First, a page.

Open Access (free)
Burying the victims of Europe’s border in a Tunisian coastal town

The Mediterranean Sea has recently become the deadliest of borders for illegalised travellers. The victims of the European Union’s liquid border are also found near North African shores. The question of how and where to bury these unknown persons has recently come to the fore in Zarzis, a coastal town in south-east Tunisia. Everyone involved in these burials – the coastguards, doctors, Red Crescent volunteers, municipality employees – agree that what they are doing is ‘wrong’. It is neither dignified nor respectful to the dead, as the land used as a cemetery is an old waste dump, and customary attitudes towards the dead are difficult to realise. This article will first trace how this situation developed, despite the psychological discomfort of all those affected. It will then explore how the work of care and dignity emerges within this institutional chain, and what this may tell us about what constitutes the concept of the human.

Human Remains and Violence: An Interdisciplinary Journal
Open Access (free)
Curation and exhibition in the aftermath of genocide and mass-violence

This book addresses the practices, treatment and commemoration of victims’ remains in post- genocide and mass violence contexts. Whether reburied, concealed, stored, abandoned or publically displayed, human remains raise a vast number of questions regarding their legal, ethical and social uses.

Human Remains in Society will raise these issues by examining when, how and why bodies are hidden or exhibited. Using case studies from multiple continents, each chapter will interrogate their effect on human remains, either desired or unintended, on various political, cultural or religious practices. How, for instance, do issues of confiscation, concealment or the destruction of bodies and body parts in mass crime impact on transitional processes, commemoration or judicial procedures?

Disposal and concealment in genocide and mass violence

Destruction and human remains investigates a crucial question frequently neglected from academic debate in the fields of mass violence and Genocide Studies: what is done to the bodies of the victims after they are killed? Indeed, in the context of mass violence and genocide, death does not constitute the end of the executors' work. Following the abuses carried out by the latter, their victims' remains are treated and manipulated in very particular ways, amounting in some cases to social engineering. The book explores this phase of destruction, whether by disposal, concealment or complete annihilation of the body, across a range of extreme situations to display the intentions and socio-political framework of governments, perpetrators and bystanders. The book will be split into three sections; 1) Who were the perpetrators and why were they chosen? It will be explored whether a division of labour created social hierarchies or criminal careers, or whether in some cases this division existed at all. 2) How did the perpetrators kill and dispose of the bodies? What techniques and technologies were employed, and how does this differ between contrasting and evolving circumstances? 3) Why did the perpetrators implement such methods and what does this say about their motivations and ideologies? The book will focus in particular on the twentieth century, displaying innovative and interdisciplinary approaches and dealing with case studies from different geographical areas across the globe. The focus will be placed on a re-evaluation of the motivations, the ideological frameworks and the technical processes displayed in the destruction of bodies.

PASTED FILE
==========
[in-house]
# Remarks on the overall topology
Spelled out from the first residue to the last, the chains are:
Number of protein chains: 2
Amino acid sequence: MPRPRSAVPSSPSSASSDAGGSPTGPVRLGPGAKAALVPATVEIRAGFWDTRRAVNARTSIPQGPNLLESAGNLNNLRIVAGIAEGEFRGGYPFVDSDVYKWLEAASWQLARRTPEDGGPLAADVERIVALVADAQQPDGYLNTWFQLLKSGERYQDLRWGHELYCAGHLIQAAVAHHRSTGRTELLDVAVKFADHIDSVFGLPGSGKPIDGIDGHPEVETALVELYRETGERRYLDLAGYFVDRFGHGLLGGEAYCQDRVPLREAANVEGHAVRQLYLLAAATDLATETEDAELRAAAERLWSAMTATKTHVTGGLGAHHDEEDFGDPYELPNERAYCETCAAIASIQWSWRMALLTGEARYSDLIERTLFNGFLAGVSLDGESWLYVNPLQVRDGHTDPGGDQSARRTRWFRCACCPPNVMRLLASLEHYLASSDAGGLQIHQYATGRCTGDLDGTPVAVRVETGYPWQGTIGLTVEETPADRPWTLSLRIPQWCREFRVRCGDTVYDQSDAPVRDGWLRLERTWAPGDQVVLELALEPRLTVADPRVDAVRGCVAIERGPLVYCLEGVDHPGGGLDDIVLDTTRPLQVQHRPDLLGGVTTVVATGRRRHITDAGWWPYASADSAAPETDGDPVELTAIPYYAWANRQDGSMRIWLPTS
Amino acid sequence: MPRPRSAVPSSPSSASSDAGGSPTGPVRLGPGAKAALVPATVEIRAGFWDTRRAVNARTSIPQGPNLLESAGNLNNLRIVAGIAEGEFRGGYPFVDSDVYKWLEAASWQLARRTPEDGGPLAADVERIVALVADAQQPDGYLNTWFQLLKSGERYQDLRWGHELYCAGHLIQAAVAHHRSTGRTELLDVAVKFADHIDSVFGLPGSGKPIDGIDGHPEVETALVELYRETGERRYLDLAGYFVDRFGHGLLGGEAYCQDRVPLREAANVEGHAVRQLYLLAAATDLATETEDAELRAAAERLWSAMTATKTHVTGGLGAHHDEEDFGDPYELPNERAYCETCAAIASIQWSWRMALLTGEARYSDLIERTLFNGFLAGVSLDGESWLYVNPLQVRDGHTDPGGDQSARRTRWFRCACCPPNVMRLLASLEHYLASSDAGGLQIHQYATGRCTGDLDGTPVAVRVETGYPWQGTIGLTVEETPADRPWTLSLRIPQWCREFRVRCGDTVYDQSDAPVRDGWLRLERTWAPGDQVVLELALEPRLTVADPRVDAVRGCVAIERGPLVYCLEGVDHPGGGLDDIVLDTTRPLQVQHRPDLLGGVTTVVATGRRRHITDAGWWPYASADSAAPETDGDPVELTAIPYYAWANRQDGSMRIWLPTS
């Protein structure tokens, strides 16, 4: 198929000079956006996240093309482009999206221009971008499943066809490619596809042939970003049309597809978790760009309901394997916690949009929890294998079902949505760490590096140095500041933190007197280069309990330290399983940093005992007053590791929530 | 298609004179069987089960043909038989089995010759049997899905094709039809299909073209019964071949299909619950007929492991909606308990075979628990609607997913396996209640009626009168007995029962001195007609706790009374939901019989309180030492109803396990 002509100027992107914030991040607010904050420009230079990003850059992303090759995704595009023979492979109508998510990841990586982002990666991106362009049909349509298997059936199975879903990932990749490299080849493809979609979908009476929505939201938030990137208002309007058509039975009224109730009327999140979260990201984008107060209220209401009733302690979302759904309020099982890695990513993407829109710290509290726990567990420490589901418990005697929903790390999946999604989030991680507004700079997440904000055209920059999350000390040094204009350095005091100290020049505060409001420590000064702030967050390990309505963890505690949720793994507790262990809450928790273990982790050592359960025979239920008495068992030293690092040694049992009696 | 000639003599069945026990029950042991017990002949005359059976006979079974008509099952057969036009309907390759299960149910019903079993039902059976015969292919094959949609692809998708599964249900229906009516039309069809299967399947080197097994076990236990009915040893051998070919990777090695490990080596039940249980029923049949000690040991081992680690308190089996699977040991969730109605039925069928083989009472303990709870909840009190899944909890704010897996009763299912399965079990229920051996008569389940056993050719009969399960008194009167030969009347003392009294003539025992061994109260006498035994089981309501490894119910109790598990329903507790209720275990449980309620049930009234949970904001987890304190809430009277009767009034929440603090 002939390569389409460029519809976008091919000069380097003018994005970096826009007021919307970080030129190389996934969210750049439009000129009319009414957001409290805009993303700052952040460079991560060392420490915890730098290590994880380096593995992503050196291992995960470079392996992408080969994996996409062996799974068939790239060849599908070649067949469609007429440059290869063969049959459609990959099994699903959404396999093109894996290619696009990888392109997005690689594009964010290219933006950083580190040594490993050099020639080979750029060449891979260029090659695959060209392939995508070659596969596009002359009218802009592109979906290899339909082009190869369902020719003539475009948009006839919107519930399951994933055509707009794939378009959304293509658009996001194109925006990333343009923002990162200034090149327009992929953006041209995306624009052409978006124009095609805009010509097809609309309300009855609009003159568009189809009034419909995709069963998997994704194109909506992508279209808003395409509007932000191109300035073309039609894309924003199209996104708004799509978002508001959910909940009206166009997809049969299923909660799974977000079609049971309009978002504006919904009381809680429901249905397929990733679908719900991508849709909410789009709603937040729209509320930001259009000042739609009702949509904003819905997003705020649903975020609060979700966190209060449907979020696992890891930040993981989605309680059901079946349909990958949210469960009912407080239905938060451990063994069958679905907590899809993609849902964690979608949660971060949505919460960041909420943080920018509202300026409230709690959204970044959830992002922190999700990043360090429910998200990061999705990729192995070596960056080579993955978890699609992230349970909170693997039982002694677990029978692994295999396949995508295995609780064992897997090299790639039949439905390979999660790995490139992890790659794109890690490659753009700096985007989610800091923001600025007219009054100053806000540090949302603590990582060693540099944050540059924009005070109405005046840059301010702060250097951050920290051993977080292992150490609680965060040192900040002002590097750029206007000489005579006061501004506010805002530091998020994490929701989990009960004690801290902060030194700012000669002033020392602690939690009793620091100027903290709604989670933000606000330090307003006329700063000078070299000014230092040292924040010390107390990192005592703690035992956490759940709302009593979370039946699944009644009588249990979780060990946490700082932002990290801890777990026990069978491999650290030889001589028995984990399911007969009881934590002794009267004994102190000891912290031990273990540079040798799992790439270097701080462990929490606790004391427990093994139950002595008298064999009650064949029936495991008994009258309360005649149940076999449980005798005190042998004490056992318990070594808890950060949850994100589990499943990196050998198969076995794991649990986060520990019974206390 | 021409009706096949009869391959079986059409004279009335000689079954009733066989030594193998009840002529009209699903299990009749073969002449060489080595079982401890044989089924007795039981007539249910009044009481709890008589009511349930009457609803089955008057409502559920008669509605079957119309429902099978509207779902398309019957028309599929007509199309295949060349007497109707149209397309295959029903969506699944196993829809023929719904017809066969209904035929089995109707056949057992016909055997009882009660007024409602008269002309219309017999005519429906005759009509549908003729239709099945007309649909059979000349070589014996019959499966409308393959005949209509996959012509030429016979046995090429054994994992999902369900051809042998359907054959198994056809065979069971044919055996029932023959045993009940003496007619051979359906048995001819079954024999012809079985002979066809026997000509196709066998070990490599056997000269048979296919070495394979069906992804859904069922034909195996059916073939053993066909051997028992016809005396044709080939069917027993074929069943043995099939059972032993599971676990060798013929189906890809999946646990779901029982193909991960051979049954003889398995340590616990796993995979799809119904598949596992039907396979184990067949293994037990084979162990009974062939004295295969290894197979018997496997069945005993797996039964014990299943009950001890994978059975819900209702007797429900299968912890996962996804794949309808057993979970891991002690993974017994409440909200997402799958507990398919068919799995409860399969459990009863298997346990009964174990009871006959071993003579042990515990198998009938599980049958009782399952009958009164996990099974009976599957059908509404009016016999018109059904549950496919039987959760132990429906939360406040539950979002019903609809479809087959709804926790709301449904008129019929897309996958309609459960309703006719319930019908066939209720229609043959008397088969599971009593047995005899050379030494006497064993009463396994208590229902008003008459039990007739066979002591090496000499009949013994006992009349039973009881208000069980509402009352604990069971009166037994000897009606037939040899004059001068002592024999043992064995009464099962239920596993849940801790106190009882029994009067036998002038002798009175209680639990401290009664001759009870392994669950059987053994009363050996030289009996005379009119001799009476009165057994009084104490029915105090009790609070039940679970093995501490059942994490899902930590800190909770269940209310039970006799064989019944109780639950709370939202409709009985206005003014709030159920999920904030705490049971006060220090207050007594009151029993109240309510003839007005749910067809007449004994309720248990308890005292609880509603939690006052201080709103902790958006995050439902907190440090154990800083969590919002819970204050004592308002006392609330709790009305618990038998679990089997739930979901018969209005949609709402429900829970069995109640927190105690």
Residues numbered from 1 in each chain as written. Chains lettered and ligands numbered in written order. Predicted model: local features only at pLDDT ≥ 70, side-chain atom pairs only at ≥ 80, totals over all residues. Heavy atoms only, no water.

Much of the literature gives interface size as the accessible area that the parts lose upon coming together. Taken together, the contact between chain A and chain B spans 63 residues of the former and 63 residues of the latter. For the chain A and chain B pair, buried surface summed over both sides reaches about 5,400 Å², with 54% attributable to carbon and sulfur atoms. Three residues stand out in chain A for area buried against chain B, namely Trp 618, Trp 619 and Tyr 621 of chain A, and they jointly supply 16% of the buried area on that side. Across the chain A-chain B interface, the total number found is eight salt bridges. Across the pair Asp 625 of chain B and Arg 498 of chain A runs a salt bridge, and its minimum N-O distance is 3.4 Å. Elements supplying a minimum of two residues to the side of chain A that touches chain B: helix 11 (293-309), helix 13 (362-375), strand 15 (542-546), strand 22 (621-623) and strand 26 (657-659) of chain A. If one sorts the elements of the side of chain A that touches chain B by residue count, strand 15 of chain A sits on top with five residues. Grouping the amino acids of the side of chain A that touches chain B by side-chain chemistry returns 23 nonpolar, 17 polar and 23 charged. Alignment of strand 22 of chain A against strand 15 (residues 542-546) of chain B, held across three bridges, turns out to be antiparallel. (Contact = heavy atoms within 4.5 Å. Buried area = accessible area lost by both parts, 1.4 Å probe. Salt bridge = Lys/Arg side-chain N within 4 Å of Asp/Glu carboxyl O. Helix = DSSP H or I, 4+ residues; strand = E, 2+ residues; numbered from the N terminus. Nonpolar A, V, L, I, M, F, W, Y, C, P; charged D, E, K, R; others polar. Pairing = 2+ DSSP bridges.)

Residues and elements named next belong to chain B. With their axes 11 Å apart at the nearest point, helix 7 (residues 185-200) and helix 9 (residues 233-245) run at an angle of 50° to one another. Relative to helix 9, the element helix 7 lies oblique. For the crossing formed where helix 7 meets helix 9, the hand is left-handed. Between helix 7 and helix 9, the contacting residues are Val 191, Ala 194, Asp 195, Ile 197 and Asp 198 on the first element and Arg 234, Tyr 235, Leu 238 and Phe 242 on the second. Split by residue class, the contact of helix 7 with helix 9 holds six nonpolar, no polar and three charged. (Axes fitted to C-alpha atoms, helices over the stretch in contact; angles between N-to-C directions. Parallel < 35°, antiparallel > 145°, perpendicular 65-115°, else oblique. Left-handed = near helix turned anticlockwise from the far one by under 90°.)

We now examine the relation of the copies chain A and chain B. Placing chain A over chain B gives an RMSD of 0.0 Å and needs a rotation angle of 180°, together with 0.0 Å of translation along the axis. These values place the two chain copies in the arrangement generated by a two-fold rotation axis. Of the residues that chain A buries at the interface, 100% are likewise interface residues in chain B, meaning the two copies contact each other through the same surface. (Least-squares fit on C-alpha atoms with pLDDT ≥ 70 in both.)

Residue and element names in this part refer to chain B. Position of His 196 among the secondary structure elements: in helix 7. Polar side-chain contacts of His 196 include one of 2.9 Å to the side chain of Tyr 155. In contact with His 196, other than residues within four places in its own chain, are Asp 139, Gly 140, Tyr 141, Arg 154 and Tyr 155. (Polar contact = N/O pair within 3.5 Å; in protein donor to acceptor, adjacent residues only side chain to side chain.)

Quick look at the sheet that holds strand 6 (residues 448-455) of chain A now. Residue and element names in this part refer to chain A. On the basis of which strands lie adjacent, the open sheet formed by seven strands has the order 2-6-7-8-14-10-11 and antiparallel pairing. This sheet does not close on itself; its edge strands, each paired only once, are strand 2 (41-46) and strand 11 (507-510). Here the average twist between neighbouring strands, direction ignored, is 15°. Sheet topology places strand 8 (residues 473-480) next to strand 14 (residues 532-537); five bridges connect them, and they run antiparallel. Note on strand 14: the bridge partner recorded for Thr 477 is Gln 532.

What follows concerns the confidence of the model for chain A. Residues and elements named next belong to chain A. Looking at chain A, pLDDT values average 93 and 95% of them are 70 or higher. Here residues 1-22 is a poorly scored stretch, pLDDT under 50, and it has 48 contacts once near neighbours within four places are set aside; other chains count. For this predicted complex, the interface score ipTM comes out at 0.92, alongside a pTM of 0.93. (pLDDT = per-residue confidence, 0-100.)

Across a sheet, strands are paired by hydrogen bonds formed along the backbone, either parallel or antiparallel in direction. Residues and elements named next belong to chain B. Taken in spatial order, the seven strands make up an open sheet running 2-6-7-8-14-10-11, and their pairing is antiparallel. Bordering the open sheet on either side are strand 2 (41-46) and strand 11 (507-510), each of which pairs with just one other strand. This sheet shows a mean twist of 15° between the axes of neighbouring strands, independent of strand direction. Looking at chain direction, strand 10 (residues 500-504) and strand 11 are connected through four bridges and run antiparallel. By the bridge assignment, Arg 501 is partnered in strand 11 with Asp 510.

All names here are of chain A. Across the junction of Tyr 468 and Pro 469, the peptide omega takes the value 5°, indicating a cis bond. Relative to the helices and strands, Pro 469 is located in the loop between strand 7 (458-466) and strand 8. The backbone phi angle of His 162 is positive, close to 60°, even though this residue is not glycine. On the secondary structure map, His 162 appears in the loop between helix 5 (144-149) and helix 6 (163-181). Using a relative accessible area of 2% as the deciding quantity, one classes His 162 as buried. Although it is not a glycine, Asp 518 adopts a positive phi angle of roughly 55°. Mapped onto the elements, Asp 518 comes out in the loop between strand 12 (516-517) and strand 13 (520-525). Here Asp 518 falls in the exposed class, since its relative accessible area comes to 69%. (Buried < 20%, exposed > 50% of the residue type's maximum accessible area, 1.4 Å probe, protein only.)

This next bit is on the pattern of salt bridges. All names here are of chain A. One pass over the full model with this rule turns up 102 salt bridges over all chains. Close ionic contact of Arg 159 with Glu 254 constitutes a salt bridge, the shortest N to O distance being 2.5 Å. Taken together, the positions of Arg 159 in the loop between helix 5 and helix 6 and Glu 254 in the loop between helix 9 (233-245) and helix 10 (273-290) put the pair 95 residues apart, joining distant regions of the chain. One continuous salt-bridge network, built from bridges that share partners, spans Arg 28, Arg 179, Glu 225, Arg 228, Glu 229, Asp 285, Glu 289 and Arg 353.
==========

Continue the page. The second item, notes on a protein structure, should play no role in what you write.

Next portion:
Open Access (free)

1 Introduction. Corpses in society: about human remains, necro-​politics, necro-​economy and the legacy of mass violence Élisabeth Anstett and Jean-​Marc Dreyfus The visible presence of human remains within societies is not a new phenomenon.1 Whether these remains have been placed on view for religious reasons (through the creation of ossuaries or the use of relics, for example), for the purposes of experimental science (in particular through the use and preservation of human tissues and skeletons by the disciplines of medicine, biology and physical